Popular Economics Weekly
We have said that the prospect of higher interest rates next year may spur some extraordinary growth over the next few quarters, and just out holiday retail sales seem to be fulfilling that prophecy. Consumer spending is returning to pre-recession levels, and this is without the boost from housing refinance that drove the housing bubble.
Retail sales are soaring even with lower gasoline prices (since retail prices not adjusted for inflation), up 5.1 percent YoY. This put sales back to pre-recession levels. Sales in November posted a 0.7 percent boost after rebounding 0.5 percent in October. Autos in particular jumped a huge 1.7 percent after gaining 0.8 percent in October. And retail sales ex-plunging gasoline prices increased by 6.0 percent on a YoY basis.
Couple that with the highest U. of Michigan consumer sentiment since before the Great Recession, and we can see why consumers are spending more. It can’t be only falling gasoline prices creating more optimism. Payroll jobs are now increasing some 300,000 per month, which heartens householders’ future financial prospects.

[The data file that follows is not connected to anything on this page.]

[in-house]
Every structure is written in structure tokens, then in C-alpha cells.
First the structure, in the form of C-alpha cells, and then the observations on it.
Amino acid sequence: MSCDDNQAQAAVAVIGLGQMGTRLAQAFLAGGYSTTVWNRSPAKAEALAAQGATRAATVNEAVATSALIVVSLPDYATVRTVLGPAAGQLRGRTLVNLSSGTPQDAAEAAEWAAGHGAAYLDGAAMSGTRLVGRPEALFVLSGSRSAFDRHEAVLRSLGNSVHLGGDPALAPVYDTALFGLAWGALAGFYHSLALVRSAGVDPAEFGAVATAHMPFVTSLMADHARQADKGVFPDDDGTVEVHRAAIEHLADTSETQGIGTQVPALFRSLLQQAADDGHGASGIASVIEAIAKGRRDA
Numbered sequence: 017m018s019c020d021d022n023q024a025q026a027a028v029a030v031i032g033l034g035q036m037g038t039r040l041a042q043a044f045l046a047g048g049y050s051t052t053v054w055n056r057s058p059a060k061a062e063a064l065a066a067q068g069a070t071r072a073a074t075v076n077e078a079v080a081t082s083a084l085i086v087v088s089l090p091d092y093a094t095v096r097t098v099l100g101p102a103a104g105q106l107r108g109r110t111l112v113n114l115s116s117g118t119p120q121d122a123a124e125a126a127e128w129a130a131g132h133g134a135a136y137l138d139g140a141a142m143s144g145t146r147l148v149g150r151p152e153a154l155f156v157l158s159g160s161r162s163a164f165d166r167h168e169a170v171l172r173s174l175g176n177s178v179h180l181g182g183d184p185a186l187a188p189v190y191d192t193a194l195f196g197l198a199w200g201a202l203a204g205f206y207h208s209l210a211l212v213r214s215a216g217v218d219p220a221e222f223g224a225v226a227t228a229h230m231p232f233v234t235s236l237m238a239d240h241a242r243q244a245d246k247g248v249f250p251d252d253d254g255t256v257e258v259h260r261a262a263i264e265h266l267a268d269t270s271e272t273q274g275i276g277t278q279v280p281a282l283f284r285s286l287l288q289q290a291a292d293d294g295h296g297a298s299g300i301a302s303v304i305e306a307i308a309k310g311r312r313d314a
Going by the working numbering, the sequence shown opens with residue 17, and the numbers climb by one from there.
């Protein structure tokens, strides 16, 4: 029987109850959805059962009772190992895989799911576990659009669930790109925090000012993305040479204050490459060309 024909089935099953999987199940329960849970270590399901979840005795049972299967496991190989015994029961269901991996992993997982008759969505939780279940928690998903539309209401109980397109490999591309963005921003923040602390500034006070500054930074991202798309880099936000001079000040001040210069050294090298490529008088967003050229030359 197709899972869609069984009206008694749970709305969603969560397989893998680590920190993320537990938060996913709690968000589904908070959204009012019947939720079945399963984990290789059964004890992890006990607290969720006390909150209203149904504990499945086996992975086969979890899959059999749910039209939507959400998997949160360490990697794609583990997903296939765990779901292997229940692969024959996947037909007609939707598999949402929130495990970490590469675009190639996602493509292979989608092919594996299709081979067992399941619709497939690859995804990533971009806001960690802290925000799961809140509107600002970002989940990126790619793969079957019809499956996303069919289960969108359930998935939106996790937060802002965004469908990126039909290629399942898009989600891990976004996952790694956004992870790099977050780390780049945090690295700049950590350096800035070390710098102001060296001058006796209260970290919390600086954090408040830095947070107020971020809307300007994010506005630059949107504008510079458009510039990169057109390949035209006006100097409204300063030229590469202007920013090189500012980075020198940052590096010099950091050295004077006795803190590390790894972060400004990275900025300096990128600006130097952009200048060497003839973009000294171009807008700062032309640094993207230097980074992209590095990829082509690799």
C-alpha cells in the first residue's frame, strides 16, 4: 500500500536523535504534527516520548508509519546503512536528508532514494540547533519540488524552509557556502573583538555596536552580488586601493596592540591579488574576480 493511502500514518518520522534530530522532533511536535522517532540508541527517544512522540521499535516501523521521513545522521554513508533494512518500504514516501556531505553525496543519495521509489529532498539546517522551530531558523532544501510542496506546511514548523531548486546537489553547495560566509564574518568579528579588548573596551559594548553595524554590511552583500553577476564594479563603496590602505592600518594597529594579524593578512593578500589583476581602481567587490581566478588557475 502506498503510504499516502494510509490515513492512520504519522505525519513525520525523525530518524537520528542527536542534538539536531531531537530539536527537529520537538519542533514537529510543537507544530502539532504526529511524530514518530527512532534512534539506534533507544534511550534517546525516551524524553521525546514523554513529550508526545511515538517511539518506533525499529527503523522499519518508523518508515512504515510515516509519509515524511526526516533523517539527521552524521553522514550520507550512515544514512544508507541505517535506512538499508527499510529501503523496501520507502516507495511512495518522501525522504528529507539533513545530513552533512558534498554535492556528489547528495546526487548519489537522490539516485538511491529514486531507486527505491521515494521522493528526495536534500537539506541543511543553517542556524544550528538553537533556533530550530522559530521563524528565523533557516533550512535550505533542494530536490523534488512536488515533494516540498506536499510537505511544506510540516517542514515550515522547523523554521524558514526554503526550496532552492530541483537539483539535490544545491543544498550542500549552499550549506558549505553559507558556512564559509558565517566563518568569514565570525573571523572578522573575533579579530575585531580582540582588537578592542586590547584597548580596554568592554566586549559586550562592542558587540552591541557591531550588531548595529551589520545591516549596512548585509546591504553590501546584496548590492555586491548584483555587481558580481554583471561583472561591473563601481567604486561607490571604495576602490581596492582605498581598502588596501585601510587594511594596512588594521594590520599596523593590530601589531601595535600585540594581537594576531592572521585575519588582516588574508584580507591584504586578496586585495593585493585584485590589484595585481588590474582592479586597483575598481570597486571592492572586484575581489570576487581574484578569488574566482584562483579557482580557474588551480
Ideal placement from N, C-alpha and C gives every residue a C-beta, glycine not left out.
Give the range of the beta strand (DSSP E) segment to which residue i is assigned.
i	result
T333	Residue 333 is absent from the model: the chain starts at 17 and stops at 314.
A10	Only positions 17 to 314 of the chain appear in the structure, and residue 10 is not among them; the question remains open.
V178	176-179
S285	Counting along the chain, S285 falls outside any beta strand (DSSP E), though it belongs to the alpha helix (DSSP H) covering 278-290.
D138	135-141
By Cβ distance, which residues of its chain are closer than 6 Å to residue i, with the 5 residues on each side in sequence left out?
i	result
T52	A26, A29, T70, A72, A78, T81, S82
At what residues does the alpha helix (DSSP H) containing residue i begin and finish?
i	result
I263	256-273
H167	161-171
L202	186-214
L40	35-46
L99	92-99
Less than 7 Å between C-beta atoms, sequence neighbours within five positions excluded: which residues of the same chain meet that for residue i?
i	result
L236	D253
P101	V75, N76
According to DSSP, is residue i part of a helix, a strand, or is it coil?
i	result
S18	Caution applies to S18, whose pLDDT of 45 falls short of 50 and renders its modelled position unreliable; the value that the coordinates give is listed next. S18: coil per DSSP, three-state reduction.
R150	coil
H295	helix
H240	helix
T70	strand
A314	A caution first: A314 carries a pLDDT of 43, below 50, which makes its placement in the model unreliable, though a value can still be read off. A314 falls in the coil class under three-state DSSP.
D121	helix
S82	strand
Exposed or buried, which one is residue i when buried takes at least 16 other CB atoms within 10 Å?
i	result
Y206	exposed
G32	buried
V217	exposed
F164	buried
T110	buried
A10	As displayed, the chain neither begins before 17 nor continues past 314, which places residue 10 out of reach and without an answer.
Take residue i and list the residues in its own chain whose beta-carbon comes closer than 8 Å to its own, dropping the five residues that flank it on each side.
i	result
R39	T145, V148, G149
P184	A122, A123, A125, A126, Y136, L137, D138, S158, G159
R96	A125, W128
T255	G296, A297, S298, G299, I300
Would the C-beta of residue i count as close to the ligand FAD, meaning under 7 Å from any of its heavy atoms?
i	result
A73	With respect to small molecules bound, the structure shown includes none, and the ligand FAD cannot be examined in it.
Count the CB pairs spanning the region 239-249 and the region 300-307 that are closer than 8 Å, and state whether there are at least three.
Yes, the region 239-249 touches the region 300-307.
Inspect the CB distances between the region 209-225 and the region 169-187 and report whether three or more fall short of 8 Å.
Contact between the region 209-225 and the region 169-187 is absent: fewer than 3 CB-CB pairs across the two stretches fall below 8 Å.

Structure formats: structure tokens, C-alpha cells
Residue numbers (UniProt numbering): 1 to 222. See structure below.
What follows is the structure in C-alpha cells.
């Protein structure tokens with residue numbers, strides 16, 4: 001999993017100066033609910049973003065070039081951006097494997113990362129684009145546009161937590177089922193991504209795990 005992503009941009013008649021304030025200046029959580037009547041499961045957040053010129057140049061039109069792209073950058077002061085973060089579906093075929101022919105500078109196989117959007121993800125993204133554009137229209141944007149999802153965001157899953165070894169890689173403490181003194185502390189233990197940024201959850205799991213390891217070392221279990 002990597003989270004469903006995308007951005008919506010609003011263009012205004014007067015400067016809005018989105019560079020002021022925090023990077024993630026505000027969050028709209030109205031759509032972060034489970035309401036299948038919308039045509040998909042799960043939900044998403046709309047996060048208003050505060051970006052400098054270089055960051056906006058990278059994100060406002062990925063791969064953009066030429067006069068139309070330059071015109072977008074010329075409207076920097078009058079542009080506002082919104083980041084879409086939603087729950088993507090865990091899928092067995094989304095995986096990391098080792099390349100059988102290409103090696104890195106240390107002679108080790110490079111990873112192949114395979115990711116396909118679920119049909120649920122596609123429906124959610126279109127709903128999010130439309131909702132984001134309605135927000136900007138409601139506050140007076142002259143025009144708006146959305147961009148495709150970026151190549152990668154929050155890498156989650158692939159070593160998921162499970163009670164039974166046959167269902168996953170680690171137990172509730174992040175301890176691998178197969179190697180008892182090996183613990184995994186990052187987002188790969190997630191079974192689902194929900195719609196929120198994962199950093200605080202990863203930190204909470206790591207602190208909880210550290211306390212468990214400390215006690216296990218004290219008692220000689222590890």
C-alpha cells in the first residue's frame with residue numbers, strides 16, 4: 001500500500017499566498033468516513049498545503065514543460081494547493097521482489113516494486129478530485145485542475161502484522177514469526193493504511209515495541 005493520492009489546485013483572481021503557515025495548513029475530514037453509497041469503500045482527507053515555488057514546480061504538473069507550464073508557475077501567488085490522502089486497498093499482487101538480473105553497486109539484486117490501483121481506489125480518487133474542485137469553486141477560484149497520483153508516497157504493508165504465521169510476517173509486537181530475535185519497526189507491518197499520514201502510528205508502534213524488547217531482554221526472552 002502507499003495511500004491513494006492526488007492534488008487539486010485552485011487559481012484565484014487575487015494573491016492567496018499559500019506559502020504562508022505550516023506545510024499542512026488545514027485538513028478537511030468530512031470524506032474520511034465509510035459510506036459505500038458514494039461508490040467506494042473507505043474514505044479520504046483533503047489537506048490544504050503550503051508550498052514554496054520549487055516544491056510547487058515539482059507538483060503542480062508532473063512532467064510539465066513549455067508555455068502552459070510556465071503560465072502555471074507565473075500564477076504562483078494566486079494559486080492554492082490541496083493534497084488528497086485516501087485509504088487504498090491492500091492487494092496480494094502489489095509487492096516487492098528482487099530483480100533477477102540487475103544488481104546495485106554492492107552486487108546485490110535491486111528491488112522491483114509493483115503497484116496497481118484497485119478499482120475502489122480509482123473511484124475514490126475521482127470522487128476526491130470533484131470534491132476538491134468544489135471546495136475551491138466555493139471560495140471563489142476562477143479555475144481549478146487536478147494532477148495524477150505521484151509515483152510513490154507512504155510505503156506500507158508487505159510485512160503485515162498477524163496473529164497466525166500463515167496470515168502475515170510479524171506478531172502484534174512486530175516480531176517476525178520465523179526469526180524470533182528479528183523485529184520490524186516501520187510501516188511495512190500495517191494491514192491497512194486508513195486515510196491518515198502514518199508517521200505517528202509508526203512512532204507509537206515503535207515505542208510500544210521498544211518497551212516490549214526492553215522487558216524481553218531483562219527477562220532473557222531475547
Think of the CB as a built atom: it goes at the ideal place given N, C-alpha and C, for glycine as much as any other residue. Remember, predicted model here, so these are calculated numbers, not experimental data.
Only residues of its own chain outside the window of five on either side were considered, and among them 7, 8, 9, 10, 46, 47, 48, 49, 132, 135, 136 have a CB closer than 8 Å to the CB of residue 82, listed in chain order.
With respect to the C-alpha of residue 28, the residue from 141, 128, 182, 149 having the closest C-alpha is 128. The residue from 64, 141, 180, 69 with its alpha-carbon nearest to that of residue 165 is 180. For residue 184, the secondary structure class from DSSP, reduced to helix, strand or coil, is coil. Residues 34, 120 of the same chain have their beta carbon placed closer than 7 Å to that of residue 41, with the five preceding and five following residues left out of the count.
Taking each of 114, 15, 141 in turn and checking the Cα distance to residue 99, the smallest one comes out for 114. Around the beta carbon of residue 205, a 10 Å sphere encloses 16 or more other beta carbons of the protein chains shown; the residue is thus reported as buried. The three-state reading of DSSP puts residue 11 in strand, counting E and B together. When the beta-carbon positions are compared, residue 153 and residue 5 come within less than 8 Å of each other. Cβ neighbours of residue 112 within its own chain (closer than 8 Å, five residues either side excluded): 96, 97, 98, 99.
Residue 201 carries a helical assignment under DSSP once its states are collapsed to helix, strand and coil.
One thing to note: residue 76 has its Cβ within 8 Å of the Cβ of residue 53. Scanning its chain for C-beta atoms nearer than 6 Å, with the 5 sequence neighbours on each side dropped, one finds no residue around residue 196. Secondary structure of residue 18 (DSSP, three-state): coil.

Sentiment surged to 93.8 for the mid-month December reading vs an already strong 88.8 in final November and 89.4 in mid-month November. This is the strongest reading since January 2007. The current conditions component is up 3.0 points from final November to 105.7 in a gain that signals month-to-month strength in consumer activity this month. The expectations component, though lagging at 86.1, is up a very sharp 6.2 points to signal rising confidence in the outlook for income and jobs, as we said.
The prospects for faster growth over the next 2 quarters at least may also have to be due to the possibility of higher interest rates next year, as we have been saying. But we still have severe price-cutting in many retail areas, and wholesale prices have been flat for several months.
And the Fed is worried about falling prices at both the wholesale and retail levels, rather than inflation at the moment, so don’t look for Janet Yellen’s Fed to begin to raise their short term rates, until prices have firmed and begin to climb again.
Harlan Green © 2014
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